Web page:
Shearman & Sterling has released a new report on changes proposed by the Commission with regards to strengthening the powers of European Supervisory Agencies like ESMA, the EBA, and EIOPA.

Some of the more interesting tidbits:

ESAs will be required to assist the European Commission in preparing its equivalence decisions on whether a third country has an equivalent framework for supervising the relevant financial market participant. The ESAs will also be responsible for on-going monitoring of developments in third countries and, in that context, submitting an annual confidential report to the European Commission. 

However, the power of the ESAs to develop guidelines and recommendations will be safeguarded by two different tools. The first will require a cost-benefit analysis to be undertaken each time an ESA develops guidelines or recommendations. The second tool will allow the relevant ESA stakeholder groups to consider whether the ESA is exceeding its competency in issuing guidelines or recommendations and to issue an opinion to the European Commission for it to consider the case.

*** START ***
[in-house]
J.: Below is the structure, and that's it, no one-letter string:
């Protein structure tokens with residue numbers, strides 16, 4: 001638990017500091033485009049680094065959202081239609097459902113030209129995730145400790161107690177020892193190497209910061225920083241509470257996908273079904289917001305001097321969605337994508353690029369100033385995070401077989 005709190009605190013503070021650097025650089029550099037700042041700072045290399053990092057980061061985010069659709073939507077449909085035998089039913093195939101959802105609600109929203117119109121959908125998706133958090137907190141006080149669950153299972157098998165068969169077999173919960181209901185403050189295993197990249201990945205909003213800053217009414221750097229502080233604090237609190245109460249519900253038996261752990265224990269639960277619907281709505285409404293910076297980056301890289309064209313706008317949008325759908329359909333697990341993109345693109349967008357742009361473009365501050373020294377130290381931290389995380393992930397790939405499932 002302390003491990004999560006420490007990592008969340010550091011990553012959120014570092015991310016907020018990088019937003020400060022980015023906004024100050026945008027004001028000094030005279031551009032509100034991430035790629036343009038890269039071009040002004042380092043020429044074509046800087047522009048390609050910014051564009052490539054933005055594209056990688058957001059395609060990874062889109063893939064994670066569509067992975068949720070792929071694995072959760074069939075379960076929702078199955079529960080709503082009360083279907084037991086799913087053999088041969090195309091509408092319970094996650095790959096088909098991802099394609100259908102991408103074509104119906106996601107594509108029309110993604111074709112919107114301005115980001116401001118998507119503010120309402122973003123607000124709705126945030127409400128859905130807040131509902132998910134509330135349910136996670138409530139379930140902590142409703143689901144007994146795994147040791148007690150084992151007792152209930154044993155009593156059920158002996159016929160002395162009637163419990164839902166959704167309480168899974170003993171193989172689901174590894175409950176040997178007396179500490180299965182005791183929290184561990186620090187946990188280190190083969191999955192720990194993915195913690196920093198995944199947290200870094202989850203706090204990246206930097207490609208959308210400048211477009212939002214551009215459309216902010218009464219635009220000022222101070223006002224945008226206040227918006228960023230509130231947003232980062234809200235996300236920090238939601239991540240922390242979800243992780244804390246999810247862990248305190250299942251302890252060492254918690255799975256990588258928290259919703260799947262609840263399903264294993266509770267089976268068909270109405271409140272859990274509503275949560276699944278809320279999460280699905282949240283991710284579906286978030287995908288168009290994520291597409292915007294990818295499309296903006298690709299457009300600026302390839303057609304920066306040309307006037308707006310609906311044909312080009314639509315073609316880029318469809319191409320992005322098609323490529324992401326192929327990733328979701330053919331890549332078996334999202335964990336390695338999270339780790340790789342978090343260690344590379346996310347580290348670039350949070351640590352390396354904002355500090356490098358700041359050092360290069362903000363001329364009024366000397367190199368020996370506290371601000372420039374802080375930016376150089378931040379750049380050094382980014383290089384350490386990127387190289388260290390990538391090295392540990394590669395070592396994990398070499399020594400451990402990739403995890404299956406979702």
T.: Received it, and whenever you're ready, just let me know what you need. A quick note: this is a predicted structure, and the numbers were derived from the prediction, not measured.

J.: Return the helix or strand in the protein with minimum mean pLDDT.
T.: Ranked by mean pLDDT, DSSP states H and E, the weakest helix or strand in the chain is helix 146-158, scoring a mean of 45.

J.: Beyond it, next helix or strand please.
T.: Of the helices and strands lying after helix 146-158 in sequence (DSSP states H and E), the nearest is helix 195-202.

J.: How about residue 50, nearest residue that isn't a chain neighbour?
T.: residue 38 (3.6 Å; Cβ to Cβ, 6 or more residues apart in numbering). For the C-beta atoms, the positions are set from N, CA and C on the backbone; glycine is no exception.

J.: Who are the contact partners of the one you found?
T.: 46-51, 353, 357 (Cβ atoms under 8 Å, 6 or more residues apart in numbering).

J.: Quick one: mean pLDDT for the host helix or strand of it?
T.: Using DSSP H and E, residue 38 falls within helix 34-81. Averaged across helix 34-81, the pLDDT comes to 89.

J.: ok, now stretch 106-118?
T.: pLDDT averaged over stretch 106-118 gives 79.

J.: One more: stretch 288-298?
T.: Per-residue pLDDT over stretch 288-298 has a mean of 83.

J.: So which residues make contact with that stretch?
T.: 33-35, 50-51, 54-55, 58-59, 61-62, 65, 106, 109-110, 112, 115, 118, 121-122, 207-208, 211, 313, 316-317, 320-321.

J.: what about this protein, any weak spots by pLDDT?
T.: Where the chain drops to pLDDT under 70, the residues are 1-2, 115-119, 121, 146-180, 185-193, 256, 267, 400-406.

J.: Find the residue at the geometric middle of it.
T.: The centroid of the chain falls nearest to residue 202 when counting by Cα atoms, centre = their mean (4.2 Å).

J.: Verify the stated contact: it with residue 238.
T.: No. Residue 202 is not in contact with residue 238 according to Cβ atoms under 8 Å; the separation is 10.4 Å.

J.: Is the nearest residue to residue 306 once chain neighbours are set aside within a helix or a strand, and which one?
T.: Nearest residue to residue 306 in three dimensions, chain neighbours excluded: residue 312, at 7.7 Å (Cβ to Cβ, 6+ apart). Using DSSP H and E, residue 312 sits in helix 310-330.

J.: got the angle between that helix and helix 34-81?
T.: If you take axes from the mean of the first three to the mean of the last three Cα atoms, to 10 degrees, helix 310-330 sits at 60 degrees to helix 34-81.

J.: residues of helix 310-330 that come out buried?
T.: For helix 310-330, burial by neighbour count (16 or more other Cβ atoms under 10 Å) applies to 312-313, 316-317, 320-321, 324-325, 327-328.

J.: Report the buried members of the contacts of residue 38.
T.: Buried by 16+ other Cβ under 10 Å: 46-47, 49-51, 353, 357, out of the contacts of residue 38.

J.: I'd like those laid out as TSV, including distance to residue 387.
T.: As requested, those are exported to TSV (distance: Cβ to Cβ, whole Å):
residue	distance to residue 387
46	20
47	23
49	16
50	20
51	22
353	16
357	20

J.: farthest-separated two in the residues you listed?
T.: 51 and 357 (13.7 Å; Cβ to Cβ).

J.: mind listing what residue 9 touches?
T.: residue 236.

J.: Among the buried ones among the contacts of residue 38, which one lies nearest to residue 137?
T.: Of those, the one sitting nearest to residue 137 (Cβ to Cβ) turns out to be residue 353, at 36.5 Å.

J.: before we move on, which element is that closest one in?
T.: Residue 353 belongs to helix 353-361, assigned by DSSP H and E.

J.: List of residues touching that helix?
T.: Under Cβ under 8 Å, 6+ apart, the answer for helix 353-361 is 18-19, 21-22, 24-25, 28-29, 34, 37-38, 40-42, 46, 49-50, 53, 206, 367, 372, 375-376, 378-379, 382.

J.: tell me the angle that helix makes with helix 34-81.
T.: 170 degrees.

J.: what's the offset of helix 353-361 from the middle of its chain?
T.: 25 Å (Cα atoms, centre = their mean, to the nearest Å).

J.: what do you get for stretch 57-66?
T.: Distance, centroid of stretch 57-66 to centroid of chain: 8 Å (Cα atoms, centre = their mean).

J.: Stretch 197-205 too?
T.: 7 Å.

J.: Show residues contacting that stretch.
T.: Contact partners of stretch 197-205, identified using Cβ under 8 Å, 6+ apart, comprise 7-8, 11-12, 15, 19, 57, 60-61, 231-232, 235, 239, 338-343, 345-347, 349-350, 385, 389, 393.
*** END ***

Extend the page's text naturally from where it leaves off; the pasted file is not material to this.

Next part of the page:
Also, the funding mechanism will be set to evolve as well:

The Commission proposes that the private sector should take a greater role in financing the ESAs. The supervisory work of the ESAs is currently financed by the EU budget and national regulators’ budgets. Only entities under the direct supervision of ESMA (i.e. trade repositories and credit rating agencies) have made direct financial contributions to date. Under the proposals, financial institutions indirectly supervised by the ESAs will make annual contributions, proportionate to their size.

The full report can be found here.

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